Could Girls Help Solve Hawaiʻi's Pilot Shortage?

Jul 9, 2019

The aviation industry faces a worldwide shortage of qualified pilots. Hawaiʻi has an even greater need, given our heavy dependence on air travel. To help close the gap, a summer flight school is targeting girls who have often been overlooked as future pilots -- and exposing them to a career that could take them anywhere.

A half dozen or so middle school girls with clipboards in hand inspect every aspect of the plane on the tarmac of the Pearl Harbor Aviation Museum on Ford Island.

Middle school-aged girls complete a pre-flight safety inspection of this World War II-era Seabee during the week-long Flight School for Girls at the Pearl Harbor Aviation Museum.
Credit Ku'uwehi Hiraishi

"What aviators do before they get into the air...they go thoroughly over an airplane and theyʻre learning what they need to do,” says Shauna Tonkin, education director at the Pearl Harbor Aviation Museum.

She’s been running the week-long summer flight school for girls since 2012.

“I wanted girls to have an opportunity to experience aviation and other STEM activities in a very safe environment,” says Tonkin, “Sometimes in middle school, boys can be rambunctious and exuberant and even though girls are very capable they sometimes take a backseat.”

Getting young girls in the cockpit is the goal. Here they take turns simulating different scenarios while sitting in the hot seat.
Credit Ku'uwehi Hiraishi

Not these girls.

Commander Jeanie Blankenship is a career pilot with the U.S. Navy. She enrolled her 11-year-old daughter Journey Lynn Paluseo in the flight school program.

“I came through many many years ago, and we didn’t have quite the support that I’m seeing for young ladies today. I think it’s fantastic,” says Blankenship.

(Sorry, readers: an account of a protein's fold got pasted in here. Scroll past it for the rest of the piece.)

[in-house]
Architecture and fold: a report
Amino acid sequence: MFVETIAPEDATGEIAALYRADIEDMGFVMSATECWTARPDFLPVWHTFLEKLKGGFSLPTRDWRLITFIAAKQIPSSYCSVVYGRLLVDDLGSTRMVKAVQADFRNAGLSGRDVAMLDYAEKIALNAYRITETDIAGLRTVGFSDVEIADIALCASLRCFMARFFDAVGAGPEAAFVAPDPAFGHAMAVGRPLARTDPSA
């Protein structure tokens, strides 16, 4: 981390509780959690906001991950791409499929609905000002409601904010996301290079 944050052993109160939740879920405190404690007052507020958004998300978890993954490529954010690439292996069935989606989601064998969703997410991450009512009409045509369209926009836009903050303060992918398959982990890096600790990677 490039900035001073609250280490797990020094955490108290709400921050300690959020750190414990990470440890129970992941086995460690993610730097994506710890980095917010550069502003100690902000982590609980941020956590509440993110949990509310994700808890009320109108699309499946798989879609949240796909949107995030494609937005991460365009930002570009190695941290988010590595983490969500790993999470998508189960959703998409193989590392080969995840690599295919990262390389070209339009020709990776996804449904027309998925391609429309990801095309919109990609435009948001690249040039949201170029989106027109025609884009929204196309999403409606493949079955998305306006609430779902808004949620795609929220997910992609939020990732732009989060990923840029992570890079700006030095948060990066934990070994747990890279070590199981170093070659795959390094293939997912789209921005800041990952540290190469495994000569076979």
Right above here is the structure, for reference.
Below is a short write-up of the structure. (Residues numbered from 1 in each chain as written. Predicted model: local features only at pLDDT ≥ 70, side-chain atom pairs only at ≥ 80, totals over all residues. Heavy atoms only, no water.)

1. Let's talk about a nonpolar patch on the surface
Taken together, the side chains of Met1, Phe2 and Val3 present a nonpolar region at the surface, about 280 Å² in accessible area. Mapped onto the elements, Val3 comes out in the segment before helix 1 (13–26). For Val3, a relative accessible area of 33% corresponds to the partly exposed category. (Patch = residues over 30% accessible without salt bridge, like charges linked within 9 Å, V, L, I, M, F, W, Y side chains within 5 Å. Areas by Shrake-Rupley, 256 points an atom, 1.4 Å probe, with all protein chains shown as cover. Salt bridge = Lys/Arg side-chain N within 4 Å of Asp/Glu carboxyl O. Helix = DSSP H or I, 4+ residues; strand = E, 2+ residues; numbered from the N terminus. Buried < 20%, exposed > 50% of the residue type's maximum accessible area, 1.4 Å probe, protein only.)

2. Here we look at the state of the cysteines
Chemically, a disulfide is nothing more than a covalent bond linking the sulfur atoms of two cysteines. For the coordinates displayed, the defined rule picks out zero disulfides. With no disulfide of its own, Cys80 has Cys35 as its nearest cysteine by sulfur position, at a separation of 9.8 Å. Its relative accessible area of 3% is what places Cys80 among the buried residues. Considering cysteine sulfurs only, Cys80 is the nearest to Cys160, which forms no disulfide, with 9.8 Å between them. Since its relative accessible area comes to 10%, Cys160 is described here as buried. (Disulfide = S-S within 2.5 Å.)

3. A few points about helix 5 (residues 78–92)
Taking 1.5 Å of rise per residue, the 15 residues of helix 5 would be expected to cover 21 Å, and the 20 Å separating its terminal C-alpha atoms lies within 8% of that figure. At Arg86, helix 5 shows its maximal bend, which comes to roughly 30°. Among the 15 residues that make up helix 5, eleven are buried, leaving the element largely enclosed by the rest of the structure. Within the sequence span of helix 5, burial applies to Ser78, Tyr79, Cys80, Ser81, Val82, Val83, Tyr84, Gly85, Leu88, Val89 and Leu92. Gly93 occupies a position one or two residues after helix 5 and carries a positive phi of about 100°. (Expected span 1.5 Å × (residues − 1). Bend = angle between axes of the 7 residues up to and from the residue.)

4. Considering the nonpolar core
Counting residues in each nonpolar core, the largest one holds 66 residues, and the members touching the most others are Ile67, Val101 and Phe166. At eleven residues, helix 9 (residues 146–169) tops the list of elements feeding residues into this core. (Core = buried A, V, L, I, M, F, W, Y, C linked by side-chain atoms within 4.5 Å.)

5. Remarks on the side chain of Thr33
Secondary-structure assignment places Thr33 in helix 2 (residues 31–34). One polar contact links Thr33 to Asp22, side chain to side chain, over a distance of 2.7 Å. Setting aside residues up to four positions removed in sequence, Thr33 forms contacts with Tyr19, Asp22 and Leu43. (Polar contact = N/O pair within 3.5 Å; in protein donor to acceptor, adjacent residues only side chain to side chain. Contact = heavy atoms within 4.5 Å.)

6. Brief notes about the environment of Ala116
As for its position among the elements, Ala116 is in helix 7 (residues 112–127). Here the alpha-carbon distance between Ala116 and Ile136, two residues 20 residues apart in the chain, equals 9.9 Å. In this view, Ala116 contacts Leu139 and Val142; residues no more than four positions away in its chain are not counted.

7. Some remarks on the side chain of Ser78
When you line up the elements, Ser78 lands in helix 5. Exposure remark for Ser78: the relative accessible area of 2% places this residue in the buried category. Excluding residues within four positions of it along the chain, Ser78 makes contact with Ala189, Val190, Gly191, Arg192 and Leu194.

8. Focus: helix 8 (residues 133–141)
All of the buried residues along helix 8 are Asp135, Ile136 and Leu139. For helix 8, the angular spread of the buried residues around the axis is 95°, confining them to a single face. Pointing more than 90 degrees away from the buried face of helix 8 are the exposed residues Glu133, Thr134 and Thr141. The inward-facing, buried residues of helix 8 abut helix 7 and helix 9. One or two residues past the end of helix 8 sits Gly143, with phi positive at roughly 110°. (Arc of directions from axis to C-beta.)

Commander Jeanie Blankenship and her daughter Journey Lynn climb into a state-of-the-art flight pilot simulator at the Pearl Harbor Aviation Museum.
Credit Pearl Harbor Aviation Museum

She says Journey Lynn can’t stop talking about flight school.

“I’m like learn something and teach your mama when you get home,” says Blankenship, “And she’s been doing it, and I love it!”

Hawaiʻi pilot Annie Domko heads the local chapter of Women in Aviation International and is a fan of the summer flight school.

Wahine aviators drop in for the winging ceremony at the Flight School for Girls. Annie Domko (second from the left) is president of the Hawai'i Chapter of Women in Aviation International.
Credit Pearl Harbor Aviation Museum

“If you canʻt see it, you canʻt believe it,” says Domko, “And that is the point of getting them so young is that they probably go through an airport and they really donʻt see a lot of women represented.”

The Federal Aviation Administration says a little more than 4 percent of the airline pilots in the U.S. are women. At Hawaiʻi's largest carrier Hawaiian Airlines, an estimated 10 percent of the pilots are women. 

Young girls on their final day of training.
Credit Pearl Harbor Aviation Museum

Domko says there is so much untapped potential among females.

“Industry-wide, it is a pilot shortage,” says Domko. “They cannot fill the amount of spots at the rate at which people are reaching that mandatory retirement age.”

Credit Pearl Harbor Aviation Museum

She says if not enough is done, the shortage could be bad for business, resulting in fewer flights and higher airfares.

Back at the flight school, two dozen young girls complete their training and receive their symbolic plastic wings from aviators like Domko. Tonkin says the summer school may not immediately relieve the shortage, but it is a start.